15 Nyhoff, ADTs, Data Structures and Problem Solving with C++, Second Edition, © 2005 Pearson Education, Inc. All rights reserved Dynamic-Allocation for List Class Note data changes in Fig. 6.2A, List.hFig. 6.2A Note implementation file Fig. 6.2B, List.cppFig. 6.2B –Changes to constructor –Addition of other functions to deal with dynamically allocated memory Note testing of various features in Fig. 6.2C, the demo programFig. 6.2C

16 Nyhoff, ADTs, Data Structures and Problem Solving with C++, Second Edition, © 2005 Pearson Education, Inc. All rights reserved Dynamic-Allocation for List Class Now possible to specify different sized lists cin >> maxListSize; List aList1 (maxListSize); List aList2 (500);

17 Nyhoff, ADTs, Data Structures and Problem Solving with C++, Second Edition, © 2005 Pearson Education, Inc. All rights reserved New Functions Needed Destructor –When class object goes out of scope the pointer to the dynamically allocated memory is reclaimed automatically –The dynamically allocated memory is not –The destructor reclaims dynamically allocated memory

18 Nyhoff, ADTs, Data Structures and Problem Solving with C++, Second Edition, © 2005 Pearson Education, Inc. All rights reserved New Functions Needed Copy Constructor – makes a "deep copy" of an objectCopy Constructor –When argument passed as value parameter –When function returns a local object –When temporary storage of object needed –When object initialized by another in a declaration If copy is not made, observe results (aliasing problem, "shallow" copy)

19 Nyhoff, ADTs, Data Structures and Problem Solving with C++, Second Edition, © 2005 Pearson Education, Inc. All rights reserved New Functions Needed Assignment operator –Default assignment operator makes shallow copy –Can cause memory leak, dynamically-allocated memory has nothing pointing to it

20 Nyhoff, ADTs, Data Structures and Problem Solving with C++, Second Edition, © 2005 Pearson Education, Inc. All rights reserved Notes on Class Design If a class allocates memory at run time using the new, then a it should provide … A destructor A copy constructor An assignment operator Note Fig. 6.3 which exercises constructors and destructorFig. 6.3

21 Nyhoff, ADTs, Data Structures and Problem Solving with C++, Second Edition, © 2005 Pearson Education, Inc. All rights reserved Future Improvements to Our List Class Problem 1: Array used has fixed capacity Solution: –If larger array needed during program execution –Allocate, copy smaller array to the new one Problem 2: Class bound to one type at a time Solution: –Create multiple List classes with differing names –Use class template

22 Nyhoff, ADTs, Data Structures and Problem Solving with C++, Second Edition, © 2005 Pearson Education, Inc. All rights reserved Recall Inefficiency of Array-Implemented List insert() and erase() functions inefficient for dynamic lists –Those that change frequently –Those with many insertions and deletions So … We look for an alternative implementation.

23 Nyhoff, ADTs, Data Structures and Problem Solving with C++, Second Edition, © 2005 Pearson Education, Inc. All rights reserved Linked List For the array-based implementation: 1.First element is at location 0 2.Successor of item at location i is at location i End is at location size – 1 Fix: 1.Remove requirement that list elements be stored in consecutive location. 2.But then need a "link" that connects each element to its successor Linked Lists !!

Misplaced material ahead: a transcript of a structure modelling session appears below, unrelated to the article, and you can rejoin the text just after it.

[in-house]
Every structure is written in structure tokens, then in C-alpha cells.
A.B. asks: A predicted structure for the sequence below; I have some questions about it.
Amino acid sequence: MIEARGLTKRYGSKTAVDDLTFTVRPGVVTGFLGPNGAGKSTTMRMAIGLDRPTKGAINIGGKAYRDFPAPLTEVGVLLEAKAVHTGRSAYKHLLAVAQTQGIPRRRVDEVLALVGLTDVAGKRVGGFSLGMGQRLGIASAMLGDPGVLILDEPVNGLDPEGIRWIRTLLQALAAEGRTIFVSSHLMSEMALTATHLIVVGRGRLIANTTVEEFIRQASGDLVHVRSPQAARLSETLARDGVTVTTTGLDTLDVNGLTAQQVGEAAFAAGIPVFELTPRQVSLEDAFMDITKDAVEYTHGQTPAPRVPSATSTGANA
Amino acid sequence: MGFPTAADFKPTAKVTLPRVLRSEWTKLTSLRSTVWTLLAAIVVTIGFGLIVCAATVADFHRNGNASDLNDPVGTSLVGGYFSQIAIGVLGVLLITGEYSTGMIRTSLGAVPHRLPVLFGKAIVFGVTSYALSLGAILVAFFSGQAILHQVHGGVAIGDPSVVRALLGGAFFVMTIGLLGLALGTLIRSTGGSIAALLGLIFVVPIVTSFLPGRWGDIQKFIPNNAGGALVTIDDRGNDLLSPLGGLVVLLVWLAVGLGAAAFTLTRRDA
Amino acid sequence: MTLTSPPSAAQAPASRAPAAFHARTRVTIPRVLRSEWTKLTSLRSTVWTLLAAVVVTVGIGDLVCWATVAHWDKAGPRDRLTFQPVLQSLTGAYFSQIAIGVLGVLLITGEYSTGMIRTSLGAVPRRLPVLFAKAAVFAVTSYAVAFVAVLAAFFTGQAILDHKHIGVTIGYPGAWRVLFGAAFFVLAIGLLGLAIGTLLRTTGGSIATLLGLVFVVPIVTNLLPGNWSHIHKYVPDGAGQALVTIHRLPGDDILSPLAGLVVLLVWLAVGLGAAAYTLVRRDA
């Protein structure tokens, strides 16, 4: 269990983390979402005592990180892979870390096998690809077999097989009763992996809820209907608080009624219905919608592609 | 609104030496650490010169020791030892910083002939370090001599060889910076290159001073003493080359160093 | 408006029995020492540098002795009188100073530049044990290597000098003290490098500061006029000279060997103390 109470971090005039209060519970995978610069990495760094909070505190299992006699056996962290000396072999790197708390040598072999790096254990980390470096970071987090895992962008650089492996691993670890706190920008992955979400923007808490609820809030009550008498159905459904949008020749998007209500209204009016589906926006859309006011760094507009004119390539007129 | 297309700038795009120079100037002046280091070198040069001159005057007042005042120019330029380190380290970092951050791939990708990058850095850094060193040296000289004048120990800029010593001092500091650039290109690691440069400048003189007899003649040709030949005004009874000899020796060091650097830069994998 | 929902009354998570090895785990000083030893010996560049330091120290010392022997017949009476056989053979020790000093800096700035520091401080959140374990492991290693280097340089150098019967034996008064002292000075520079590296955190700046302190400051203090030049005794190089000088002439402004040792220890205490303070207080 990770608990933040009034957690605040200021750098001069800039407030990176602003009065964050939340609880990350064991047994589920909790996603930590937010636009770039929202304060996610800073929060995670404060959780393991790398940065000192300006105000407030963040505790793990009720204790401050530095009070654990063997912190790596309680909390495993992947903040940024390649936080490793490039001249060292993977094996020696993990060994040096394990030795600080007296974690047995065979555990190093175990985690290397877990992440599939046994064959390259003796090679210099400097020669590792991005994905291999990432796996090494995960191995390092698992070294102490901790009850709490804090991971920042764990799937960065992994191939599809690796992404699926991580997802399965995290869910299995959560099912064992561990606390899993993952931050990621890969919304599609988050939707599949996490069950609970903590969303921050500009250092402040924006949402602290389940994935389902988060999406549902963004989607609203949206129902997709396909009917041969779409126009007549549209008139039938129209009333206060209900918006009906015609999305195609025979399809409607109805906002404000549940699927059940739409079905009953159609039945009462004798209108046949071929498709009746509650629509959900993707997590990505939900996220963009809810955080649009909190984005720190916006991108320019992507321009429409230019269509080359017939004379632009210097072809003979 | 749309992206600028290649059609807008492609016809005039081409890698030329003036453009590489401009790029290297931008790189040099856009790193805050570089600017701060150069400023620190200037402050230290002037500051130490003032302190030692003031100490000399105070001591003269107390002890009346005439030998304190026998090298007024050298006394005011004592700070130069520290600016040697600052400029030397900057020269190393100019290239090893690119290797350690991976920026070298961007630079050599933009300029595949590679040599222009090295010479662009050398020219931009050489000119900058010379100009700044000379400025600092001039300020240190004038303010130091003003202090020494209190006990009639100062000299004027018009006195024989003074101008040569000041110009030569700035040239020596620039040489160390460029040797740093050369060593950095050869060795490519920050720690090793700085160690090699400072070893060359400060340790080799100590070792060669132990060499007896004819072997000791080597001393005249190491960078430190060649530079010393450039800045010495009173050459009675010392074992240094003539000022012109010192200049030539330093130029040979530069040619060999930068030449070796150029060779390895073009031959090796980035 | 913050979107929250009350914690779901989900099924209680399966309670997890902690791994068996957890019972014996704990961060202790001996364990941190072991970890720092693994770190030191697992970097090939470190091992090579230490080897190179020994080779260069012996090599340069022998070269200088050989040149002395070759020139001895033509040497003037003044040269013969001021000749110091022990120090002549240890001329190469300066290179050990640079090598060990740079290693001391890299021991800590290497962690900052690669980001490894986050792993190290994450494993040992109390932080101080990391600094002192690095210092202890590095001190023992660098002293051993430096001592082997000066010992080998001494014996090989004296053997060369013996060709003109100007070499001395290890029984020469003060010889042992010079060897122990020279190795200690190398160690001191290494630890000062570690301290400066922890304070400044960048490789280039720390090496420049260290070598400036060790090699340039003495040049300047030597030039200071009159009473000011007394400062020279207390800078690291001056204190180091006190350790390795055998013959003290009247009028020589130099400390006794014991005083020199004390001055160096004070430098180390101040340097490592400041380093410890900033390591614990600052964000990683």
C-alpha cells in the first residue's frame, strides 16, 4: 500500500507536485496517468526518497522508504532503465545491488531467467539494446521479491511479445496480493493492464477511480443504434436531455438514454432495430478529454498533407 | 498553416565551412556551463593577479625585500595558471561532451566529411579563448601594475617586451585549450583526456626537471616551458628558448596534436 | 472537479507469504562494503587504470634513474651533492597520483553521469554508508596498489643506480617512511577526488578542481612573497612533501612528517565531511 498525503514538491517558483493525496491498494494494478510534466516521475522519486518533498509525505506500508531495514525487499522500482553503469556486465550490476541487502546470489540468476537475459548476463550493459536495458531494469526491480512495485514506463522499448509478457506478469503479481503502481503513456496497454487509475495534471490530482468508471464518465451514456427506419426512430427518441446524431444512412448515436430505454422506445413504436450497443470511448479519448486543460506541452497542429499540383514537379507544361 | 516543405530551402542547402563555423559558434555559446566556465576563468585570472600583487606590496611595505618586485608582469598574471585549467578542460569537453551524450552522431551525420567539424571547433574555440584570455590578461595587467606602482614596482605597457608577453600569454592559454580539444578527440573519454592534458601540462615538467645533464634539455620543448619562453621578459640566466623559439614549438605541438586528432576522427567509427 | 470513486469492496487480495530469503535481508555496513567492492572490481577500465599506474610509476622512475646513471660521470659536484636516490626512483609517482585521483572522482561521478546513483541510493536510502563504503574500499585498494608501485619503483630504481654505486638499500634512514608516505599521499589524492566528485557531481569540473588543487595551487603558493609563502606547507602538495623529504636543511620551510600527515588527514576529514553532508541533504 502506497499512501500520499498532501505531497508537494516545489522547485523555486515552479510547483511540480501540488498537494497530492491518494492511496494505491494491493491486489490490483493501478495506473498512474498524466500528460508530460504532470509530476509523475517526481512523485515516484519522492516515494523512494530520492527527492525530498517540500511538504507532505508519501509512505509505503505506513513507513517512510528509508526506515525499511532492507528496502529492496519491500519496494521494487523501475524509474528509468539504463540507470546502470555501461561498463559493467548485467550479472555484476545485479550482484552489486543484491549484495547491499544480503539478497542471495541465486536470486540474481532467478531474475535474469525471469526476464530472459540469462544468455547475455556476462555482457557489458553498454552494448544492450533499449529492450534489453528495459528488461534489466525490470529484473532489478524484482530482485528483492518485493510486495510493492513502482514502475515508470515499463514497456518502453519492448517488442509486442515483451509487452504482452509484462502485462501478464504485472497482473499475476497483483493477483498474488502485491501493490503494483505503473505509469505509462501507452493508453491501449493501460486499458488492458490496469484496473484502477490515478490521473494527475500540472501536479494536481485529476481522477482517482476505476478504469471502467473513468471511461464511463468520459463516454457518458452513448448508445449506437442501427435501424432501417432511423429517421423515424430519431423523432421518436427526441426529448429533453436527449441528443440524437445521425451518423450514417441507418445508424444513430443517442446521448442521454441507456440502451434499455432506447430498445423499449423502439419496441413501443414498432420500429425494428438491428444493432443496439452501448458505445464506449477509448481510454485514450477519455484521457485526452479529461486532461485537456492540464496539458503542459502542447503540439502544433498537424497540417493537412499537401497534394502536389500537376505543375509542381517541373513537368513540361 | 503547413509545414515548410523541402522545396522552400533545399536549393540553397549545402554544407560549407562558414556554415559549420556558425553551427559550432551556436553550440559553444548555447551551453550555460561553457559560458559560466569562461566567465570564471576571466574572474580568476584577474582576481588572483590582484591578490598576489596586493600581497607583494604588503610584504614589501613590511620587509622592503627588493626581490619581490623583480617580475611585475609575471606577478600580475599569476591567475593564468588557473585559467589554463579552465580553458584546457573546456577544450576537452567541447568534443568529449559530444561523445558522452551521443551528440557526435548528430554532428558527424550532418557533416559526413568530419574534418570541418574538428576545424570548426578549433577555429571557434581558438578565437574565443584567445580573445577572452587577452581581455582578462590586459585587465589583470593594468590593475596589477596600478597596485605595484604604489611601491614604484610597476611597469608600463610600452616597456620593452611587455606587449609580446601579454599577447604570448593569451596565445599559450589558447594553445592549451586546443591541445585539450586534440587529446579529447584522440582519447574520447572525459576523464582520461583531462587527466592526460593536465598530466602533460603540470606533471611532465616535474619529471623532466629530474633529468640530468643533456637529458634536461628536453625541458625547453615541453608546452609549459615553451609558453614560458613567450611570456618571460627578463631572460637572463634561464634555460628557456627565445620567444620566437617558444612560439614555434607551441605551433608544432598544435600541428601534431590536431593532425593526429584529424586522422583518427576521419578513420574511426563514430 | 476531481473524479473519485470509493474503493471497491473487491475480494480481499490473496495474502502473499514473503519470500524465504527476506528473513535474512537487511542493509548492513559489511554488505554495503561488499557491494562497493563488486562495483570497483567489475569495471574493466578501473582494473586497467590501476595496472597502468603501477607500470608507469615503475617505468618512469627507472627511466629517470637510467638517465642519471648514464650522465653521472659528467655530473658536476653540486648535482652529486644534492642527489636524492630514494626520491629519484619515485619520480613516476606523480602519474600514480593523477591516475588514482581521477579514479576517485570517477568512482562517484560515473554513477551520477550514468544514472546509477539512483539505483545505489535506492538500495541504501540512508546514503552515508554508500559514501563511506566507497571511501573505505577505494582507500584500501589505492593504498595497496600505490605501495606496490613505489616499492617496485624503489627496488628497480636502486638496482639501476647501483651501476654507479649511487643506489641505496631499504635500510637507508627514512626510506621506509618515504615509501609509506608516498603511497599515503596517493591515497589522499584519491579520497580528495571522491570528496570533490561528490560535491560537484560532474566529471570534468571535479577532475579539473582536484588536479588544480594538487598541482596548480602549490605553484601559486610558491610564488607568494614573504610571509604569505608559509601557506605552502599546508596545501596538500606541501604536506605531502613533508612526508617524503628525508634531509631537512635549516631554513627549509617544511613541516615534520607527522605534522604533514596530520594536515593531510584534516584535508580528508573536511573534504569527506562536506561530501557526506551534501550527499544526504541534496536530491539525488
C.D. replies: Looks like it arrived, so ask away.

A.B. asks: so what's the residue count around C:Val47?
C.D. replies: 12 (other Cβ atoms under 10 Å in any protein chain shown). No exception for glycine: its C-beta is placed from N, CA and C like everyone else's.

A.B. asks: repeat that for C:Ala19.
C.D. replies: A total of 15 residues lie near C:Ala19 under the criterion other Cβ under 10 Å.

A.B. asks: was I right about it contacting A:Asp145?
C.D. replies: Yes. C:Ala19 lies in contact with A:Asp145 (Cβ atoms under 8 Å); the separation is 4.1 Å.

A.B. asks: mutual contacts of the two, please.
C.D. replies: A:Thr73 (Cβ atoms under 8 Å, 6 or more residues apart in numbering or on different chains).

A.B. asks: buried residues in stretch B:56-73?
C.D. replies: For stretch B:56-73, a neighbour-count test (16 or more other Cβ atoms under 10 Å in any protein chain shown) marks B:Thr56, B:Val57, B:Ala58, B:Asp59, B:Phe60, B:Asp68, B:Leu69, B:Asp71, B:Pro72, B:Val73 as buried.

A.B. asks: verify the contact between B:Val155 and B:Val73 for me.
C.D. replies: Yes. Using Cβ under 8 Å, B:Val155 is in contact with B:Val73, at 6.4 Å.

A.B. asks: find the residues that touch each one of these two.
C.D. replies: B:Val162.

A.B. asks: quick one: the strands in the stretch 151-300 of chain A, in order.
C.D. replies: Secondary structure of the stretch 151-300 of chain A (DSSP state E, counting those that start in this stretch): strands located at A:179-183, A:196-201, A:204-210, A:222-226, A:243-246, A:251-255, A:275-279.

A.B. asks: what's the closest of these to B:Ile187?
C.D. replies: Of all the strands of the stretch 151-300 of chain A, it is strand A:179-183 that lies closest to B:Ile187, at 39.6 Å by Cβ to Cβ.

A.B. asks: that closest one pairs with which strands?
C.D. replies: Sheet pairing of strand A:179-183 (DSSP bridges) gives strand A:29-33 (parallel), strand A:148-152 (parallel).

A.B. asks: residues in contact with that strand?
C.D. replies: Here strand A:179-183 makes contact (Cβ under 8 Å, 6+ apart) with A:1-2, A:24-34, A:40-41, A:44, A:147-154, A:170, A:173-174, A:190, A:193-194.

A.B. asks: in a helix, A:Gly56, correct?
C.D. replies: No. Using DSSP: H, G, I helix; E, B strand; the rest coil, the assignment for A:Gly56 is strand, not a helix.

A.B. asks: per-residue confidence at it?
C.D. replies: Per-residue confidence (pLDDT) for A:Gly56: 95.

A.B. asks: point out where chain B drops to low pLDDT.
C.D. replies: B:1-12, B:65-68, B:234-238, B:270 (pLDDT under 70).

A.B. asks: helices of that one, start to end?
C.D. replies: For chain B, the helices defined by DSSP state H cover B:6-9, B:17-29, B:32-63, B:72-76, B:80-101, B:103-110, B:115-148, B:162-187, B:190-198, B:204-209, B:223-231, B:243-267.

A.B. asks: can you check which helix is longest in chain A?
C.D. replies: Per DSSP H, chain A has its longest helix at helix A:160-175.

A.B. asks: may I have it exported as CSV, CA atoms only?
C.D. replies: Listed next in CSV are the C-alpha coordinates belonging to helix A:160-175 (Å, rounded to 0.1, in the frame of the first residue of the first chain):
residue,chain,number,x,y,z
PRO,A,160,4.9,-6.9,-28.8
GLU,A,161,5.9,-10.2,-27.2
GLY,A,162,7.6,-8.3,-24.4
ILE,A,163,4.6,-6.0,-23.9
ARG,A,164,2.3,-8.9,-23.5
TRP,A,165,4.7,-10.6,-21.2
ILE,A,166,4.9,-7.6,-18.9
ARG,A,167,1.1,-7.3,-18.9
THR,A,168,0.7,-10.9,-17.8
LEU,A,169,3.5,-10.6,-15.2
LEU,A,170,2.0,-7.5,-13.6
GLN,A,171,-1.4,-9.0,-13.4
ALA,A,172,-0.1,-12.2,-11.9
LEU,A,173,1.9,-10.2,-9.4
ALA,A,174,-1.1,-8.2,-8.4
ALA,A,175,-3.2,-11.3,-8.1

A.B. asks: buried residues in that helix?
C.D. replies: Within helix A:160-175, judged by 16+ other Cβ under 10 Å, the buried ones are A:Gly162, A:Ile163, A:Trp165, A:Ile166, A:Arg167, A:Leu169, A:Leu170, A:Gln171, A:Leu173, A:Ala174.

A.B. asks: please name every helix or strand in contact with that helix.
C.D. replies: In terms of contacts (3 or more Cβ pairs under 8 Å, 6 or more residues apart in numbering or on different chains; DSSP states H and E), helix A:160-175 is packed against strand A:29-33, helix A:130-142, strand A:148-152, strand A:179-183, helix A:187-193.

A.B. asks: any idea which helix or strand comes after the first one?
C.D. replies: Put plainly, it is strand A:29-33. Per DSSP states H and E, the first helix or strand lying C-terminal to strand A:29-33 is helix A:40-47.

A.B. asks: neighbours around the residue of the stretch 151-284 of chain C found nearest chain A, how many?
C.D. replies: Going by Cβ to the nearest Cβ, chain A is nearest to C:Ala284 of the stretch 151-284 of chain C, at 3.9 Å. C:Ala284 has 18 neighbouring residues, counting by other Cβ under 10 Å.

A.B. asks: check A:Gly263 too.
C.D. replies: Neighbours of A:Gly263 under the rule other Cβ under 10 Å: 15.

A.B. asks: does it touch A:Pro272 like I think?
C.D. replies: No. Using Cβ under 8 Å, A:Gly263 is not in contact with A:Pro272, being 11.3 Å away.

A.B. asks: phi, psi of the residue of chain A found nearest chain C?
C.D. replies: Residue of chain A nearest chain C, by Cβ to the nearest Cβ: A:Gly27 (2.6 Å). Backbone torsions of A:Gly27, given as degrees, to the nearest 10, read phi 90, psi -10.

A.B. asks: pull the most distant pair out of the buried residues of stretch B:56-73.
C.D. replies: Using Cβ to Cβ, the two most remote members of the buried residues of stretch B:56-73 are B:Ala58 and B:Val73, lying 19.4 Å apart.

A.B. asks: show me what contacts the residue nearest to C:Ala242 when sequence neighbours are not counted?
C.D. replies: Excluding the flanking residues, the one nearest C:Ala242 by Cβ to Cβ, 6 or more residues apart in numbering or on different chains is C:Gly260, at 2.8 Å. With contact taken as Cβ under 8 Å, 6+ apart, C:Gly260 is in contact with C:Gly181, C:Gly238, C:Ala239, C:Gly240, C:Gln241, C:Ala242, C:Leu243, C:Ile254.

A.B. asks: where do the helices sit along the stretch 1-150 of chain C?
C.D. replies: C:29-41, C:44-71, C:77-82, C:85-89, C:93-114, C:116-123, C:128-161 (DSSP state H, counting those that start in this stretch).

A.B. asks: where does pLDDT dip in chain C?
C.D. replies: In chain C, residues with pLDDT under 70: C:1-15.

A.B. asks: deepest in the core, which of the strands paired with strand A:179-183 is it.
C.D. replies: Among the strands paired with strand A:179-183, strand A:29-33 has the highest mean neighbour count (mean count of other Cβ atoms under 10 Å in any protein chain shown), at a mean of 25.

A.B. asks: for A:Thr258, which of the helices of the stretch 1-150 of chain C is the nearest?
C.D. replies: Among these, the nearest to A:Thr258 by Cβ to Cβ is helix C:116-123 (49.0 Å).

24 Nyhoff, ADTs, Data Structures and Problem Solving with C++, Second Edition, © 2005 Pearson Education, Inc. All rights reserved Linked List Linked list nodes contain –Data part – stores an element of the list –Next part – stores link/pointer to next element (when no next element, null value)

25 Nyhoff, ADTs, Data Structures and Problem Solving with C++, Second Edition, © 2005 Pearson Education, Inc. All rights reserved Linked Lists Operations Construction: first = null_value ; Empty: first == null_value ? Traverse –Initialize a variable ptr to point to first node –Process data where ptr points

26 Nyhoff, ADTs, Data Structures and Problem Solving with C++, Second Edition, © 2005 Pearson Education, Inc. All rights reserved Linked Lists Operations Traverse (ctd) –set ptr = ptr->next, process ptr->data –Continue until ptr == null

27 Nyhoff, ADTs, Data Structures and Problem Solving with C++, Second Edition, © 2005 Pearson Education, Inc. All rights reserved Operations: Insertion Insertion –To insert 20 after 17 –Need address of item before point of insertion –predptr points to the node containing 17 –Get a new node pointed to by newptr and store 20 in it –Set the next pointer of this new node equal to the next pointer in its predecessor, thus making it point to its successor. –Reset the next pointer of its predecessor to point to this new node 20 newptr predptr

28 Nyhoff, ADTs, Data Structures and Problem Solving with C++, Second Edition, © 2005 Pearson Education, Inc. All rights reserved Operations: Insertion Note: insertion also works at end of list –pointer member of new node set to null Insertion at the beginning of the list –predptr must be set to first –pointer member of newptr set to that value –first set to value of newptr Note: In all cases, no shifting of list elements is required !

29 Nyhoff, ADTs, Data Structures and Problem Solving with C++, Second Edition, © 2005 Pearson Education, Inc. All rights reserved Operations: Deletion Delete node containing 22 from list. –Suppose ptr points to the node to be deleted –predptr points to its predecessor (the 20) Do a bypass operation : –Set the next pointer in the predecessor to point to the successor of the node to be deleted –Deallocate the node being deleted. predptr ptr To free space